Sunday, May 29, 2022

Lucifer II (2018)

Lucifer II does mark a partial change of direction from the debut, but it does so without neglecting the bands roots and initial premise to catapult the qualifies of 70s hard rock and proto doom metal into contemporary times. Immediately more accessible, rockin' and shufflin' than the doomier gloom of its older sibling, its a memorable and inspirational introduction to what would become the more stable Lucifer line-up. And that would of course involve the legendary Nicke Andersson of Entombed, The Hellacopters, Imperial State Electric and Death Breath fame, a musician that excels in numerous genres and instruments, the now-husband of Johanna, and an addition whose presence is felt in the excellent craftsmanship of these tunes. Add another one-shot member in Robin Tidebrink, and they're off to the races, because while I was IMPRESSED with the first album, as I am with a lot of quality doom and retro metal, it was Lucifer II that really transformed me into the slobbering fan I am today. This one went into regular rotation when I was doing landscaping in the summer of 2018, and it hasn't left.

Lucifer II is a hit generator. Tracks like "California Son", "Before the Sun" and "Reaper On Your Heels" jab you with all the right grooves, a blend of Sabbath, Heart, maybe even a little Cream or Zeppelin in the riffage, but not limited to that, and Johanna's creamy crooning just dripping all over the smooth punch of the guitars. This is where they really started to load in the small atmospherics like pianos, bells, organs (as in "Reaper...") that only serve to enhance the songs without taking them over, and unlike the debut, there are no points where I felt there was an abrupt transition or a tune that needs further polish. This is all so well written and makes perfect sense, from the opening licks, to the escalating bridges where they'll burst into a more controlled freak-out groove. And those who think the doom is no longer strong with them, guess again, because half the tracks here have some notable, darker passage or underpinning groove that lets you know just what direction they've come from, and it ain't heaven. Nick is a phenomenon here, every tone carefully chosen, every bluesy swagger perfectly inserted, every beat so organic and fresh and interesting that you could almost listen to that alone.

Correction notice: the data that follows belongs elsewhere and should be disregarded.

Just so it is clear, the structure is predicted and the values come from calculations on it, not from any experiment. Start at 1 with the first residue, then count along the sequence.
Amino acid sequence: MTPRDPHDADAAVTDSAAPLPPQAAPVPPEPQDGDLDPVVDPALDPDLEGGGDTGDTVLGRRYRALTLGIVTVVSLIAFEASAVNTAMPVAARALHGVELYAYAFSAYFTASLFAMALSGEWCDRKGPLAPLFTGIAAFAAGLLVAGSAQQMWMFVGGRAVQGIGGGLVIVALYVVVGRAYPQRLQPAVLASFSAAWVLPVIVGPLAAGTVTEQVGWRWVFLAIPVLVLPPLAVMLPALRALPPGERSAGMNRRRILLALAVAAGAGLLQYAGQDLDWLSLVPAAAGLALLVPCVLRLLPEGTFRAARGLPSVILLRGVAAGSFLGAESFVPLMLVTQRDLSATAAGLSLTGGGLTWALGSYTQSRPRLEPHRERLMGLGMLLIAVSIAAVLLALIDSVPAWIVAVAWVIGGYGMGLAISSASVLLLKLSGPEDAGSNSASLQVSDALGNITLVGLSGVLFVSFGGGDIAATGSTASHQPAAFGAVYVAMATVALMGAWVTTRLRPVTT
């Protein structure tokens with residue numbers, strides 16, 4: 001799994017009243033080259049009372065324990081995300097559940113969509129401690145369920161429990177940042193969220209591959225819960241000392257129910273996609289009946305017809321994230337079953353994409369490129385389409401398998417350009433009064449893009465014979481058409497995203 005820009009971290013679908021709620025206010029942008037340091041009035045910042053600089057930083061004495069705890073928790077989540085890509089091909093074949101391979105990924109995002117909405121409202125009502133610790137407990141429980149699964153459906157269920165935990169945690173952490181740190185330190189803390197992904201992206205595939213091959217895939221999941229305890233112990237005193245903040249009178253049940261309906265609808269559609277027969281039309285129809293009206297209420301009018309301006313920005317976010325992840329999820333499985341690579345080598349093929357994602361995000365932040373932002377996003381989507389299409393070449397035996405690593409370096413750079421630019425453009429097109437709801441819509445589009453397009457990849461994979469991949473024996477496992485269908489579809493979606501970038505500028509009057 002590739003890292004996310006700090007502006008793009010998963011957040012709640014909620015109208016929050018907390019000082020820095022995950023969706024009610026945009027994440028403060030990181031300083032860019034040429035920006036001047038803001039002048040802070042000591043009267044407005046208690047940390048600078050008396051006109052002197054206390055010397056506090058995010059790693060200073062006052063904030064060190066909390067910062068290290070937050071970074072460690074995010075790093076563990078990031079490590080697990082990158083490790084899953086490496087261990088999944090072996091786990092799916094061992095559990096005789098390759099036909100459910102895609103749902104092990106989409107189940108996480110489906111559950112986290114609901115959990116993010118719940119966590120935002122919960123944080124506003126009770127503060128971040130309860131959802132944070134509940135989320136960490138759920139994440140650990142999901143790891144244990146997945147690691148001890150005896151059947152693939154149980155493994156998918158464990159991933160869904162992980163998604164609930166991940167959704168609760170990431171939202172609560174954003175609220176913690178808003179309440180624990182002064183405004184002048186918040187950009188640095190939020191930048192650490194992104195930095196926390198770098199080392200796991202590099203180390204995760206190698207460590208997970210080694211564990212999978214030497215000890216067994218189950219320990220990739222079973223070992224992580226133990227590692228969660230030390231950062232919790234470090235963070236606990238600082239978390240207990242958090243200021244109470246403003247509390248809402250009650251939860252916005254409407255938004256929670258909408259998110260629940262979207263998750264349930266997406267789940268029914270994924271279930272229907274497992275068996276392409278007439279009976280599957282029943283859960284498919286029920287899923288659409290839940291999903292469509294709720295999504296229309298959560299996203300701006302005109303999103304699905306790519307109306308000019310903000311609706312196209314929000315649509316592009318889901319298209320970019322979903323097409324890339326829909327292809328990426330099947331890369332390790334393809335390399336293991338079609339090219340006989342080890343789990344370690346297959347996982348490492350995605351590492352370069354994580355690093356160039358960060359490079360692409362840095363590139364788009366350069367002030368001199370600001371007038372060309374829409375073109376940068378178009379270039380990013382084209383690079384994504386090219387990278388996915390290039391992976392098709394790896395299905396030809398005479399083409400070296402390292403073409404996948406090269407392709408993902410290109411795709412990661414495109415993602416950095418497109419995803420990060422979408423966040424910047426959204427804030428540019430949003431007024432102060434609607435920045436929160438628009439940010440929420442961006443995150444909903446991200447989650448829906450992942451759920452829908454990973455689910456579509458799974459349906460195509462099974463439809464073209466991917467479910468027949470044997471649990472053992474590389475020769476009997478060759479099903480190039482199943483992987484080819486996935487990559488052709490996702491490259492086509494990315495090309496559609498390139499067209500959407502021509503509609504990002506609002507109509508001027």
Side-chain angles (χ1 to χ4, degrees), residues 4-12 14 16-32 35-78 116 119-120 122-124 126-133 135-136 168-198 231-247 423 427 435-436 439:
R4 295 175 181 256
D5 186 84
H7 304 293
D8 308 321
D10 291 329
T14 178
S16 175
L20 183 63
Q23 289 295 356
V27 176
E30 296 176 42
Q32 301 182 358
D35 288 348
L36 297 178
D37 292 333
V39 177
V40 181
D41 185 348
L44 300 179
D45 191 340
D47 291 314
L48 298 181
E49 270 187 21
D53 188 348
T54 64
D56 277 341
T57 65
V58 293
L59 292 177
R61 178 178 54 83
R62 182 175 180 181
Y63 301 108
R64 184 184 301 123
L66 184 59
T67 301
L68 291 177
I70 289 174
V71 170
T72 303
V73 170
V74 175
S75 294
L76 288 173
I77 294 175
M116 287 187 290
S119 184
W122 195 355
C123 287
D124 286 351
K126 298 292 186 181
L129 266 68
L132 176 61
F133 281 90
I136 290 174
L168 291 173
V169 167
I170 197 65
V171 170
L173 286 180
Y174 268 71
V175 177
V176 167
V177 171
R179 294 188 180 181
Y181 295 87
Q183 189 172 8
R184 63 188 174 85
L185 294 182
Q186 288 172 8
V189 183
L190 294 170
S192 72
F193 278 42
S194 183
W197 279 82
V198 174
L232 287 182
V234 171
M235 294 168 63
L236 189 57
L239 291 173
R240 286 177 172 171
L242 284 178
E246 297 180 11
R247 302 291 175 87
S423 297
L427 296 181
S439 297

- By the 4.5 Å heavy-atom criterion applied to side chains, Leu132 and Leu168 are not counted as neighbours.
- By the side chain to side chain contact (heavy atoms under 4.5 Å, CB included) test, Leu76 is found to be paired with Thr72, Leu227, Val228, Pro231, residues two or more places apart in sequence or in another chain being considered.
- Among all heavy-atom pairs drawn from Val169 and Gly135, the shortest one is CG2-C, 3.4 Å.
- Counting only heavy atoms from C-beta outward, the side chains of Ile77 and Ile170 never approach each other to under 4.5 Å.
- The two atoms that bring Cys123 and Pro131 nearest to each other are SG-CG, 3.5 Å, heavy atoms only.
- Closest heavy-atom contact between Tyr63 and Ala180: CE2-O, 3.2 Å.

There are no tracks here I dislike, but perhaps one or two that I'll skip from time to time (usually "Dancing with Mr. D" and its slide guitars and cooing backup vocals), so this one doesn't reach the ranks of the two after it, but what a goddamn set you could create from all three, and maybe add a couple in from the debut for good measure. When they get down and dirty as on "Faux Pharaoh" it just feels so badass, that contrast between the ditch-digging rhythm guitar and the melody of her voice feels so unique even when compared to similar groups. Not to dump on popular groups like Witch Mountain, Brume, Windhand  or Sabbath Assembly, all of whom put out some good stuff, but Lucifer just tramples it all. There is so much more to this, and it brings together so many influences that were formative also to my own metal history, that I cannot resist. It's like a spell being cast every time they put out an album, and I keep failing my fucking saving throw.

Verdict: Win [8.75/10]

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